“We didn’t expect Henry to play this many games for us at the start of the season, but he’s shown a real consistency in his game and his kicking has got better. But I’m pleased with all the boys; we’ve created a really close-knit circle in there and it’s a good place to come in and train every day.
“We’ve had endless trialists in and tried to manage that right with Bobby to try and limit it to one or two, when you get more than that, in terms of how we want to play and implement the philosophy, it can be really difficult.
“Lads come in maybe two days before and, to take on how we want to play is different to other teams. So we’ve managed that really well this year – we’ve used a lot of trialists, but overall it’s been good.”
The main focus at this level is the players’ development and helping them progress towards a potential first team role in the future.
There has been a marked improvement in performances as the season has gone on, but Devaney cannot single out one player in particular that has stood out – insisting that it has been a collective effort.
“I’d like to think all of the players have progressed,” he asserted. “If you look at the performances, have they improved at under 23s? Yes. Have we created an identity within the under 23s that we have been asked to do? Yes. Have the players improved in terms of their mentality from not accepting failures and wanting to win games – or certainly not lose games? Yes. I feel, certainly, that they’ve all improved.
“We’re trying to do the best for them, and we’ve always got their best interests at heart. That’s the sort of environment we’ve created and it’s been a really enjoyable year. It was a bit of a testing time with the four defeats, but we’ve got 39 points and created an identity.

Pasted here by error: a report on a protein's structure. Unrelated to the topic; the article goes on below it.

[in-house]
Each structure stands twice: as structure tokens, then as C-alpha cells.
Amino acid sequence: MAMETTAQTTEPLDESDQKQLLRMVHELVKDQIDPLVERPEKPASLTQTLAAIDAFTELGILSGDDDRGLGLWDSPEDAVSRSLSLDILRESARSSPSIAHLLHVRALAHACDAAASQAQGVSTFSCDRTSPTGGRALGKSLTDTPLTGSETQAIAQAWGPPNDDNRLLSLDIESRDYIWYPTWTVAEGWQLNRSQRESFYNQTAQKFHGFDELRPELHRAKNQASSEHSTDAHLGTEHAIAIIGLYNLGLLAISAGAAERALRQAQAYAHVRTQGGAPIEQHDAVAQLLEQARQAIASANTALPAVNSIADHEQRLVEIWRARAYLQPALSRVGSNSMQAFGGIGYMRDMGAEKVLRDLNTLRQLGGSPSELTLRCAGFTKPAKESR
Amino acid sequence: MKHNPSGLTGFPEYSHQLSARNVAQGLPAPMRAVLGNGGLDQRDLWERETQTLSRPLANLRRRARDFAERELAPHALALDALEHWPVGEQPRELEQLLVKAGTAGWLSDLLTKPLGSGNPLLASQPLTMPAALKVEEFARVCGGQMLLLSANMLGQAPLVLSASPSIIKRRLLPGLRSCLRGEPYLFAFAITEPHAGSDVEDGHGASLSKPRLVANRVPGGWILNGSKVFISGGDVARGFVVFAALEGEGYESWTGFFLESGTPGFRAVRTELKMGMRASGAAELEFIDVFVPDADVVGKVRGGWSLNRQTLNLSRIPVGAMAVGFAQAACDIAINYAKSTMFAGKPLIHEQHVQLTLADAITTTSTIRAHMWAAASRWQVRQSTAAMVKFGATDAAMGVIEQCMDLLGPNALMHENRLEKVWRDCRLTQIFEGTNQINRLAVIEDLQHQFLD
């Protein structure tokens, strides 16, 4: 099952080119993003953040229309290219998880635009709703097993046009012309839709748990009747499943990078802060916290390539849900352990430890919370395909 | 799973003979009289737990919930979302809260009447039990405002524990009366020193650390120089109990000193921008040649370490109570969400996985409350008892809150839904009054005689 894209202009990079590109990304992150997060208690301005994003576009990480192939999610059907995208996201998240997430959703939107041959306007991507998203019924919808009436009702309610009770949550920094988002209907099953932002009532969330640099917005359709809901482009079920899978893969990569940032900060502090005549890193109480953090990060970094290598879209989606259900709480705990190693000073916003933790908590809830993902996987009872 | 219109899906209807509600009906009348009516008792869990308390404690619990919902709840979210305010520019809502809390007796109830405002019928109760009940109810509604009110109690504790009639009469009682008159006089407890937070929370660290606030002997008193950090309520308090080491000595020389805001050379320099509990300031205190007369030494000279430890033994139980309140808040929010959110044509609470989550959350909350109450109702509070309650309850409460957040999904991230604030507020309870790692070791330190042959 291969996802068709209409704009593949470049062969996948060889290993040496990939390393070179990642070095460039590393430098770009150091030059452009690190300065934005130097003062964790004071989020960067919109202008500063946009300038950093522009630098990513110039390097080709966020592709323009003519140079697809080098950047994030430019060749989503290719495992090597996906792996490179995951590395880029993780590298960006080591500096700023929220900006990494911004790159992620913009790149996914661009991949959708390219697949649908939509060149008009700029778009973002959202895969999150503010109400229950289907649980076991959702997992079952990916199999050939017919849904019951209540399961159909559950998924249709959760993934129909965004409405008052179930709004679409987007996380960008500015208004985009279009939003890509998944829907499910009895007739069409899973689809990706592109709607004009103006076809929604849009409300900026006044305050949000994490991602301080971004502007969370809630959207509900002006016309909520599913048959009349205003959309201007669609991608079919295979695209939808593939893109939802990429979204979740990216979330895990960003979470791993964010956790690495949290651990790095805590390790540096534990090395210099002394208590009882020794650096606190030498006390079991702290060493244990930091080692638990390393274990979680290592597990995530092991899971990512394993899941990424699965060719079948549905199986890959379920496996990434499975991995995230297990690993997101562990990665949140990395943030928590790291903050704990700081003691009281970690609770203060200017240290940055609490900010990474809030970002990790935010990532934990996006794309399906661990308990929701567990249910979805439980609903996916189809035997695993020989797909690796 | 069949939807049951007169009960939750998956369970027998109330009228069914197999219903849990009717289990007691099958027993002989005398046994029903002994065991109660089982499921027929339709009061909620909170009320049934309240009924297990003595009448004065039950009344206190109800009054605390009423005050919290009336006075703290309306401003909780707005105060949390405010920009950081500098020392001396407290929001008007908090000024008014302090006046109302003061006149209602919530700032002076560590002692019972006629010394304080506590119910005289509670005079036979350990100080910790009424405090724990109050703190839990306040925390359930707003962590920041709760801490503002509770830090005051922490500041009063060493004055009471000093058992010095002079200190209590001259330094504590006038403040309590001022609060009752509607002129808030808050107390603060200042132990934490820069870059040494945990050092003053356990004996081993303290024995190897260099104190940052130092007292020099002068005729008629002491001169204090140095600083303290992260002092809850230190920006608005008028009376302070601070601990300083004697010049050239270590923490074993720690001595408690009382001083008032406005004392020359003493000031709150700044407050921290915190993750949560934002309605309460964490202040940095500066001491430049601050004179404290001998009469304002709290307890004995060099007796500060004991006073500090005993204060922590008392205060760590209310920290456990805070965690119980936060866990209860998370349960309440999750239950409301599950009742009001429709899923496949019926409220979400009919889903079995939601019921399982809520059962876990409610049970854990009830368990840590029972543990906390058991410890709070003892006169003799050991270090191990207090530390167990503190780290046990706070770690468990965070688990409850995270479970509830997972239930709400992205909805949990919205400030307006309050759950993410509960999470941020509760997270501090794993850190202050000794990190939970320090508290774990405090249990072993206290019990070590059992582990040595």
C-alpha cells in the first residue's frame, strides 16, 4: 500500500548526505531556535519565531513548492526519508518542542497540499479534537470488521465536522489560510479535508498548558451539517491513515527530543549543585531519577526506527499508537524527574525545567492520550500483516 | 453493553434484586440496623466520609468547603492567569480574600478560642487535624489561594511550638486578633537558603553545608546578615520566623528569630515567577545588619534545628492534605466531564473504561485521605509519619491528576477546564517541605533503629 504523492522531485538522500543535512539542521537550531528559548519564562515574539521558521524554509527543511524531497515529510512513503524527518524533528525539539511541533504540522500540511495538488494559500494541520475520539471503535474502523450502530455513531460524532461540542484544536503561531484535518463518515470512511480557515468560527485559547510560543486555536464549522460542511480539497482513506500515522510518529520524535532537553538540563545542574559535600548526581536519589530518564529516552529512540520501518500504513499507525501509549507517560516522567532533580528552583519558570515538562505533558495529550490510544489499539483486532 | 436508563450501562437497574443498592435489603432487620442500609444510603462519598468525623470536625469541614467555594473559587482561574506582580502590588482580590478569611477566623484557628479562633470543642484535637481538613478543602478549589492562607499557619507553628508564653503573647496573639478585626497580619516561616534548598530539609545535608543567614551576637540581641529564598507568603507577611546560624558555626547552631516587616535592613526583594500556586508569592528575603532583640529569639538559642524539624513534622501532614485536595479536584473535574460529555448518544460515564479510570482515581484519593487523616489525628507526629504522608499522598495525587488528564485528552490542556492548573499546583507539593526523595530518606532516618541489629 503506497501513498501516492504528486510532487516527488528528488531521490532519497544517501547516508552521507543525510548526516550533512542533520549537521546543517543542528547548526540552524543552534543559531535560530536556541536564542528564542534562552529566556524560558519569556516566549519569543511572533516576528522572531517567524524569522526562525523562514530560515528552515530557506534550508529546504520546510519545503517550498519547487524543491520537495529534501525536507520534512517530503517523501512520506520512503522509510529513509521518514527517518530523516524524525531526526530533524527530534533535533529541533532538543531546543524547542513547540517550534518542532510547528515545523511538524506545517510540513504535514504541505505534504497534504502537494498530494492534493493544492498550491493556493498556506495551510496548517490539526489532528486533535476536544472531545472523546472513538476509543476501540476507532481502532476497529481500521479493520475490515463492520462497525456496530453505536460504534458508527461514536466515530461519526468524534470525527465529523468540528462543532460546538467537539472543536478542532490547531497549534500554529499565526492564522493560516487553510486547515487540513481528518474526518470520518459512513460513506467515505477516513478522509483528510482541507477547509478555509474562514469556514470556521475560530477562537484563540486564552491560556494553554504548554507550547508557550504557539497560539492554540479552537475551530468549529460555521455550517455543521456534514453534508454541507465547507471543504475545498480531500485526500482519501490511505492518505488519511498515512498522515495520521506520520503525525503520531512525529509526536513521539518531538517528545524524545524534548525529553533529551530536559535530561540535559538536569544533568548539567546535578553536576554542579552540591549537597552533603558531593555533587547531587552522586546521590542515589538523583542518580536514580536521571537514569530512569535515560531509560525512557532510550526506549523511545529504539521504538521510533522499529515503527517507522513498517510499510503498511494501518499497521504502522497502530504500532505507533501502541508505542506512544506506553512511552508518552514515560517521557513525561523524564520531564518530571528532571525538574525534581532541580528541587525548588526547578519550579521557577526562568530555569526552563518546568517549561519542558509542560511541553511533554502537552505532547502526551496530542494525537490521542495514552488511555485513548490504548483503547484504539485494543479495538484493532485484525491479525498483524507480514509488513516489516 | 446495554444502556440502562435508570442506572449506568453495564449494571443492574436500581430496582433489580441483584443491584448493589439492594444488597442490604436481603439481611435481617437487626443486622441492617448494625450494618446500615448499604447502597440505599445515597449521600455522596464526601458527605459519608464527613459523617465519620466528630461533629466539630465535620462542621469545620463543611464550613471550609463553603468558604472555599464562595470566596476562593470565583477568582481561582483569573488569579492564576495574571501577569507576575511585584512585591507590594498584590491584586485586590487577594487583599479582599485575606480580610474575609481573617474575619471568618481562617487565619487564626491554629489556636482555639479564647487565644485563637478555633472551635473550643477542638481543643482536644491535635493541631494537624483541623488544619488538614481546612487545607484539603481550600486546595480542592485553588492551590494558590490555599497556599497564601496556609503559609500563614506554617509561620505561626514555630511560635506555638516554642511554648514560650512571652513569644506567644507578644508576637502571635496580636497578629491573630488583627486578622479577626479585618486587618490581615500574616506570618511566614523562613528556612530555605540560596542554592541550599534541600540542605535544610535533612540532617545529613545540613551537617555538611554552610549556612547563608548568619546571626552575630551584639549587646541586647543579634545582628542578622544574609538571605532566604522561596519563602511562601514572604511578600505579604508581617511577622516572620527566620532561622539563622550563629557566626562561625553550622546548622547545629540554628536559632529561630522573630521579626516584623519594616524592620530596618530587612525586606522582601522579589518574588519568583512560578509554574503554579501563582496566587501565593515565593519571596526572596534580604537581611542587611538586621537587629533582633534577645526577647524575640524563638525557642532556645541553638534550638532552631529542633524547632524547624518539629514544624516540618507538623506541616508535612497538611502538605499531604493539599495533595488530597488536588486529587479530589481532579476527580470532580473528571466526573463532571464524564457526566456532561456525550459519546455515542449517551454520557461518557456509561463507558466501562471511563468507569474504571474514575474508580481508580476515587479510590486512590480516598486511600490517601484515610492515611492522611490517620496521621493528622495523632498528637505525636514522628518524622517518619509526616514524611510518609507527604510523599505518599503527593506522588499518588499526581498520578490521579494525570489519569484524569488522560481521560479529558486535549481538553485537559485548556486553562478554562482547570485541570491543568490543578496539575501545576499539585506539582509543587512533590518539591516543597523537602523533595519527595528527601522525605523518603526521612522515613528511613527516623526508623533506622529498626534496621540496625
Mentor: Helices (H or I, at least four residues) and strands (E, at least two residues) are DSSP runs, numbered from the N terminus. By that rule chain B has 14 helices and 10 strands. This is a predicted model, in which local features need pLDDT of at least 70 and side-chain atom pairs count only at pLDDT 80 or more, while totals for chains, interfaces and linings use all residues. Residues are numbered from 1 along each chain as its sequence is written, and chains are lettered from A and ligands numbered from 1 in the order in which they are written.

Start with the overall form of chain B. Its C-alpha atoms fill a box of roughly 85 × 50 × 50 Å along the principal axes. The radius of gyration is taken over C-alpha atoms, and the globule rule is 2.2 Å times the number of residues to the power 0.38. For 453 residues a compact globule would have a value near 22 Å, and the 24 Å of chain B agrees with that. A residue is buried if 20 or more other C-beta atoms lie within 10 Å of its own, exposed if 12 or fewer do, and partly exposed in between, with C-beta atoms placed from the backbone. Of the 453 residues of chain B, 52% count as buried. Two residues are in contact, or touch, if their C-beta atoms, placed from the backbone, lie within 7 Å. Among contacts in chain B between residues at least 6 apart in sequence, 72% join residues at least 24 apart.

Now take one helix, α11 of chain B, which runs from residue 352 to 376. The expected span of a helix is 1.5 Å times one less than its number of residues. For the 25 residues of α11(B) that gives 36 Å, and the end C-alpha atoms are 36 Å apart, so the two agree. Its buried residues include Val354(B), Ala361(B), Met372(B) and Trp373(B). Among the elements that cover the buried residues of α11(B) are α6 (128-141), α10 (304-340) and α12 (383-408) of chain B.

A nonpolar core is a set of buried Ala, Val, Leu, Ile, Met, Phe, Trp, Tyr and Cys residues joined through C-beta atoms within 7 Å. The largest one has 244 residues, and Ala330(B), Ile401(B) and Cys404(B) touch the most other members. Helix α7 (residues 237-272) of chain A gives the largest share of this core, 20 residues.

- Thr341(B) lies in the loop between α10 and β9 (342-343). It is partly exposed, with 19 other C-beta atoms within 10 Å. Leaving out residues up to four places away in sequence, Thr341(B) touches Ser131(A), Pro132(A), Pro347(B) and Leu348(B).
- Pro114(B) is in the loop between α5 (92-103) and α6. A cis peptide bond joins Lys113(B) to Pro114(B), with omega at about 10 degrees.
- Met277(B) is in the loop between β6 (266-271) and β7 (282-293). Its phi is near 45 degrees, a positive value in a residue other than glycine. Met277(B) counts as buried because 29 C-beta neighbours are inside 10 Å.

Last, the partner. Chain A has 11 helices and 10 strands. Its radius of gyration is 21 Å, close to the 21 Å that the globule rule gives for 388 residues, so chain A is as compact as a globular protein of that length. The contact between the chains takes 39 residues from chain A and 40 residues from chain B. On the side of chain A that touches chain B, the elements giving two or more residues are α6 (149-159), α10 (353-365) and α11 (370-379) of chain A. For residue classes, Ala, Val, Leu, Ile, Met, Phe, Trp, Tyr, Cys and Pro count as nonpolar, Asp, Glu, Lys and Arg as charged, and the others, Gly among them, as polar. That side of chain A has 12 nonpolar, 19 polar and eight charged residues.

“We know, here, that if you’re good enough you’ll get your opportunity and we’ve seen that with a lot of the boys this season in the first team who have been used and done really well.
“The boys have to always be pushing themselves and never be happy with where they are; that’s a clear message from all of the coaches. Don’t be happy in the under 18s – you want to be in the under 23s. Don’t be happy in the under 23s – you want to be in the first team, or certainly training with the first team.”
Daniel Stendel’s arrival at Oakwell last summer has seen the Club implement a new philosophy that has transcended from the first team to all age groups.
There is a confidence to play this style of football amongst the players, who have embraced it with open arms and it has also been a learning curve for the coaching staff, too.
“As a coach over the last four years, I’ve seen various managers and various styles,” admitted Devaney. “I feel I’m more of an attacking coach, so it’s been really pleasing to be on the front foot and looking to break lines and score goals.
“We don’t want to have a negative mindset; we’re positive and that’s how we want to be as an academy, and I think we’ve shown that this year all through the academy squads.
“There’s no reason why we can’t continue this run next season. I think we need to recruit four or five players in certain positions, and if we can do that then, hopefully, we can have a good season again.
“Ideally, in the summer, three or four boys will be pushed up to train with the first team like last year. At the time, it left my numbers small, but it’s great to see the lads doing so well. You look at Jacob Brown and Ben Williams doing well, and that’s what our academy is about – to get players out there on Oakwell.
“It’s great that the gaffer gives them that opportunity, so when I’m talking to my lads they know there’s a pathway and, if they’re good enough in training and games, they get their chance because the gaffer has shown this year that he’s put faith in those boys, and they’ve done exceptionally well.”